Watandost in Urdu, Turkish and Farsi means "friend of the nation or country". The blog contains news and views about Pakistan and broader South West Asia that are insightful but are often not part of the headlines. It also covers major debates in Muslim societies across the world.
Muslim States and Human Rights Issues: A Commendable Initiative
Global Human Rights Group Aims to Bridge Gap Between Islam and West Ismira Lutfia | February 21, 2012, Jakarta Globe
Jakarta played host on Monday to the inaugural meeting of the human rights commission of the Organization of Islamic Cooperation, an event that the commission said carried “profound historical significance.”
Indonesia’s deputy foreign minister, Wardana, said the Independent Permanent Human Rights Commission of the OIC was expected to bridge the growing divide between the Muslim world and the West on the issue of human rights.
“Our hope is that this commission will be the engine that drives the reform process to transform the OIC into an organization that can effectively address the challenges facing the Muslim world,” he said.
“We also hope it can address the misunderstandings in both the Muslim world and the West about the compatibility between Islam, human rights and democracy.”
The IPHRC, agreed upon at a summit of OIC foreign ministers last June, has 18 commissioners, six each from Asia, Africa and the Middle East.
Four of them are women, including the Indonesian representative, Siti Ruhaini Dzuhayatin, and those from Malaysia, Afghanistan and Sudan.
The commission will serve in an advisory role and promote human rights in the OIC member states, which have a combined population of 1.3 billion Muslims.
Ekmeleddin Ihsanoglu, the group’s secretary general, said the establishment of the rights commission was testament to the “moderation and modernization” of the OIC in the face of global challenges.
“This is a moment of profound historical significance,” he said.
Ihsanoglu said misconceptions about Muslim communities failing to respect human rights were feeding a rising Islamophobia worldwide and leading to greater discrimination against Muslims.
“While no country in the world can claim a perfect human rights record, there always is room for improvement, including in the OIC member states,” Ihsanoglu said.
“There is a motivated campaign at portraying Islam as inherently incompatible with international human rights norms and standards. I am of a firm belief that the case is exactly the opposite. Islam is not incompatible with human rights standards.”
He added that the human rights framework offered the “most plausible avenue of structured engagement” to address these misconceptions.
“An engagement geared toward removing misconceptions and promoting interfaith harmony. An engagement that could underwrite global peace,” he said. For complete article, click here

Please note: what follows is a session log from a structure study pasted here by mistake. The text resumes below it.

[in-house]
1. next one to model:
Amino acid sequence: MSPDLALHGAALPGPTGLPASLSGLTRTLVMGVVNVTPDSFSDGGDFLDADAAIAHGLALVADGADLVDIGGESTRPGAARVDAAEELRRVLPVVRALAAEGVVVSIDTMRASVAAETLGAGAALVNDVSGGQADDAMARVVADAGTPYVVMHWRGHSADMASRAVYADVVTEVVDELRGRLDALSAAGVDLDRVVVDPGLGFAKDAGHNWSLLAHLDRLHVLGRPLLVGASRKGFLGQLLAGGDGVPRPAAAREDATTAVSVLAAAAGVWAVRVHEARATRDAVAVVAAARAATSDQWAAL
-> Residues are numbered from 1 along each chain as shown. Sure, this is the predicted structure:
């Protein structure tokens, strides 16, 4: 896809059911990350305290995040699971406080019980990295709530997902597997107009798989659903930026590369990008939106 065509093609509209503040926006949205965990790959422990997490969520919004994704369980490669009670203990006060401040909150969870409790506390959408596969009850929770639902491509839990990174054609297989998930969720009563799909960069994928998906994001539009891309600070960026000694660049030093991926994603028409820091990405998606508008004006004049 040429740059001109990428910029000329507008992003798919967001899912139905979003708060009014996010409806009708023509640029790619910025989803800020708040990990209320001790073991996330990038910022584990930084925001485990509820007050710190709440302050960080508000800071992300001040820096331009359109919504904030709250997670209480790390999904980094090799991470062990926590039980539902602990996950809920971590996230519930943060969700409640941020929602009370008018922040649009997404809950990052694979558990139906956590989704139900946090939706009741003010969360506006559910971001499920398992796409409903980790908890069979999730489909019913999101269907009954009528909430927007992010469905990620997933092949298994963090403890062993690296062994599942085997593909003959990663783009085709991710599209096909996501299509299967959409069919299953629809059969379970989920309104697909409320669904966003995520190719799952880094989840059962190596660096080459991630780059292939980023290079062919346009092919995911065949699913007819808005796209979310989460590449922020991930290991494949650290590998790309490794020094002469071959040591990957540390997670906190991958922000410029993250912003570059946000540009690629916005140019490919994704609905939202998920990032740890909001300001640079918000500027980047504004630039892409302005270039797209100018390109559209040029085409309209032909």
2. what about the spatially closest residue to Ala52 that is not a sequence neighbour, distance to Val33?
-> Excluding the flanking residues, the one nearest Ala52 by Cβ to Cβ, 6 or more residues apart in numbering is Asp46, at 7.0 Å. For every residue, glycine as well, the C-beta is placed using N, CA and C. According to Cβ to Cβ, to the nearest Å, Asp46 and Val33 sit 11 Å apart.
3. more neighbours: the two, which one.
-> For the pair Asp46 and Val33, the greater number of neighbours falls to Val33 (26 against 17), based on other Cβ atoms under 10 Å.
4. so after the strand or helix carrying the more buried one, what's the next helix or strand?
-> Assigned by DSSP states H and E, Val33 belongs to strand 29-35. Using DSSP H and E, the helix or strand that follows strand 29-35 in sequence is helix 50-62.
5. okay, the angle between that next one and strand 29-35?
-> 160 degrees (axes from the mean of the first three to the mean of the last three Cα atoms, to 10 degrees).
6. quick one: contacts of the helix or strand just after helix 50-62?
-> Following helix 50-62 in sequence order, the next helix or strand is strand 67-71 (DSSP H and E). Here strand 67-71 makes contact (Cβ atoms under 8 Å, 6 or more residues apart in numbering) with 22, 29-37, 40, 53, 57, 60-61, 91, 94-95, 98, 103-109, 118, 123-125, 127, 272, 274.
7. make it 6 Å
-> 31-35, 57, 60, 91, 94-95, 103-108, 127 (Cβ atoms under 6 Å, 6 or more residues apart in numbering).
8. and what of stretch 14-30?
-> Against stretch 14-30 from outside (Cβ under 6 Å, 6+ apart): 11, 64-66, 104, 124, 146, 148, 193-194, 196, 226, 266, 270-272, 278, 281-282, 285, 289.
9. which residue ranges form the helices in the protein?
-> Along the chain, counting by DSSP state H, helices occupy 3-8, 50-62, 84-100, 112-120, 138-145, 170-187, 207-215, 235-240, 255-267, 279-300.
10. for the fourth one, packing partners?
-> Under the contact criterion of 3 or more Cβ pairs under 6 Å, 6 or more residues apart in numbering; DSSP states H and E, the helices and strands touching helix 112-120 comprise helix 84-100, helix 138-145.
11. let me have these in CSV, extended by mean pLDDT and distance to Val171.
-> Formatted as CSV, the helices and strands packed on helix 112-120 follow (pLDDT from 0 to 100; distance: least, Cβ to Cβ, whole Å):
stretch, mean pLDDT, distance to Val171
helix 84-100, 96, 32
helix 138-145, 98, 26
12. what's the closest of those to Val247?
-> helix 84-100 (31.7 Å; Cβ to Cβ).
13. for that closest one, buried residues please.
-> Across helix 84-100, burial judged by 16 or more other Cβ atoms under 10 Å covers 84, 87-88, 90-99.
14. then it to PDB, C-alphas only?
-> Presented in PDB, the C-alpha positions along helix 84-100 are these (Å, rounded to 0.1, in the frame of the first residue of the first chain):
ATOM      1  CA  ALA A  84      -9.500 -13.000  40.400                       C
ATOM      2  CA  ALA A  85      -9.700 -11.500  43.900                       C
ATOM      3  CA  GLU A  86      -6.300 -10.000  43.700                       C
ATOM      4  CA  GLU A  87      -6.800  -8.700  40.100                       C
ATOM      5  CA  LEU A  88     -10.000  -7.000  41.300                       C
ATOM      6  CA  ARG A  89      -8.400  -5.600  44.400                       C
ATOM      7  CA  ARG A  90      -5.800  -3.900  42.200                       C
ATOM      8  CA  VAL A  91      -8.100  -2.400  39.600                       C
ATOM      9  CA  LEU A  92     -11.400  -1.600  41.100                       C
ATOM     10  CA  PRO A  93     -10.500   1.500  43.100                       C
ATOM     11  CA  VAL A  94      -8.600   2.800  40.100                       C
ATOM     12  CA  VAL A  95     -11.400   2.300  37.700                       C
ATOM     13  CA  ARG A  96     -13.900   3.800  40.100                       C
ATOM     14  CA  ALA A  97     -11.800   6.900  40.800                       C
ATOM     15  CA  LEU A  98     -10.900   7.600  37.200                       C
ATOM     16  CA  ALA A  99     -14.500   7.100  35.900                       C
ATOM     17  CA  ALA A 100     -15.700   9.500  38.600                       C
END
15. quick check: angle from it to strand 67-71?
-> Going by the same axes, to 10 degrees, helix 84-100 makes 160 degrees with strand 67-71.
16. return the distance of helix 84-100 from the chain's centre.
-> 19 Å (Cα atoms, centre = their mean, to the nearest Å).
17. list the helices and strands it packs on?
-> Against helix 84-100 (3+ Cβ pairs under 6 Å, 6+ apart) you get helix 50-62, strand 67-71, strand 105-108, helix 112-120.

Inside Story about Musharraf-Mahmood Tussle Hassan Abbas: September 24, 2006
General Pervez Musharraf’s memoir In the Line of Fire is expected to generate a lot of debate and discussion in the days to come. Except some western journalists and Musharraf’s close friends (three ghost writers) hardly anyone has had a chance yet to read the book from cover to cover. The excerpts of the book leaked through Indian media and General Musharraf’s statements to some American media outlets however have already created some controversies. In the United States, controversy is considered a positive thing, so the book is bound to become a bestseller here, but in Pakistan probably the opposite is true.
This article is not a review of the book (as I haven’t got hold of a copy yet), but it endeavors to throw some light on the widely reported Musharraf comment about the Armitage threat conveyed through Lieutenant General Mahmood Ahmed, the then Director General of the ISI. I had done research on this speci…
Justice Chaudhry says only a free judiciary can provide justice By Irfan Ghauri: Daily Times, June 18, 2007
FAISALABAD: Chief Justice of Pakistan Iftikhar Muhammad Chaudhry has said that a society can progress only if it ensures the supremacy of the Constitution, which guarantees the rights of every citizen and defines roles for organs of the state.
Addressing the Faisalabad Bar Association on Sunday, the chief justice said that the separation of the judiciary from the executive was vital and only a free judiciary could provide real justice. He quoted a saying of Hazrat Ali, the fourth caliph of Islam, that a “society can survive with kufr (infidelity), but not injustice”.
“Every citizen must follow the Constitution. A society can progress only if it has supremacy of the Constitution,” peace and rule of law, he said. “We cannot get rid of the label of developing country without ensuring the security of the life and property of citizens,” he said.
The News, June 24, 2006 Saudi ban on umra visa Rahimullah Yusufzai
As expected, the government of Saudi Arabia has refused to lift the ban on Pakistanis below the age of 40 years from performing umra. It was futile on the part of federal religious affairs minister Mohammad Ejazul Haq to visit Riyadh to try and make the Saudis change their mind on the issue. The Saudis formulate their policies after much thinking and in line with their national interest and decisions once taken are rarely changed.
Back home, Ejazul Haq sounded defensive when he told reporters that the ban would stay because the Saudi government had complained that over 100,000 Pakistanis had overstayed in Saudi Arabia after reaching there on the pretext of performing umra. Before leaving for Saudi Arabia, he had expressed concern over the Pakistan-specific umra restriction and had promised to take up the matter with the Saudi authorities. One could understand that he was on a weak wicket and could only request the Saudis…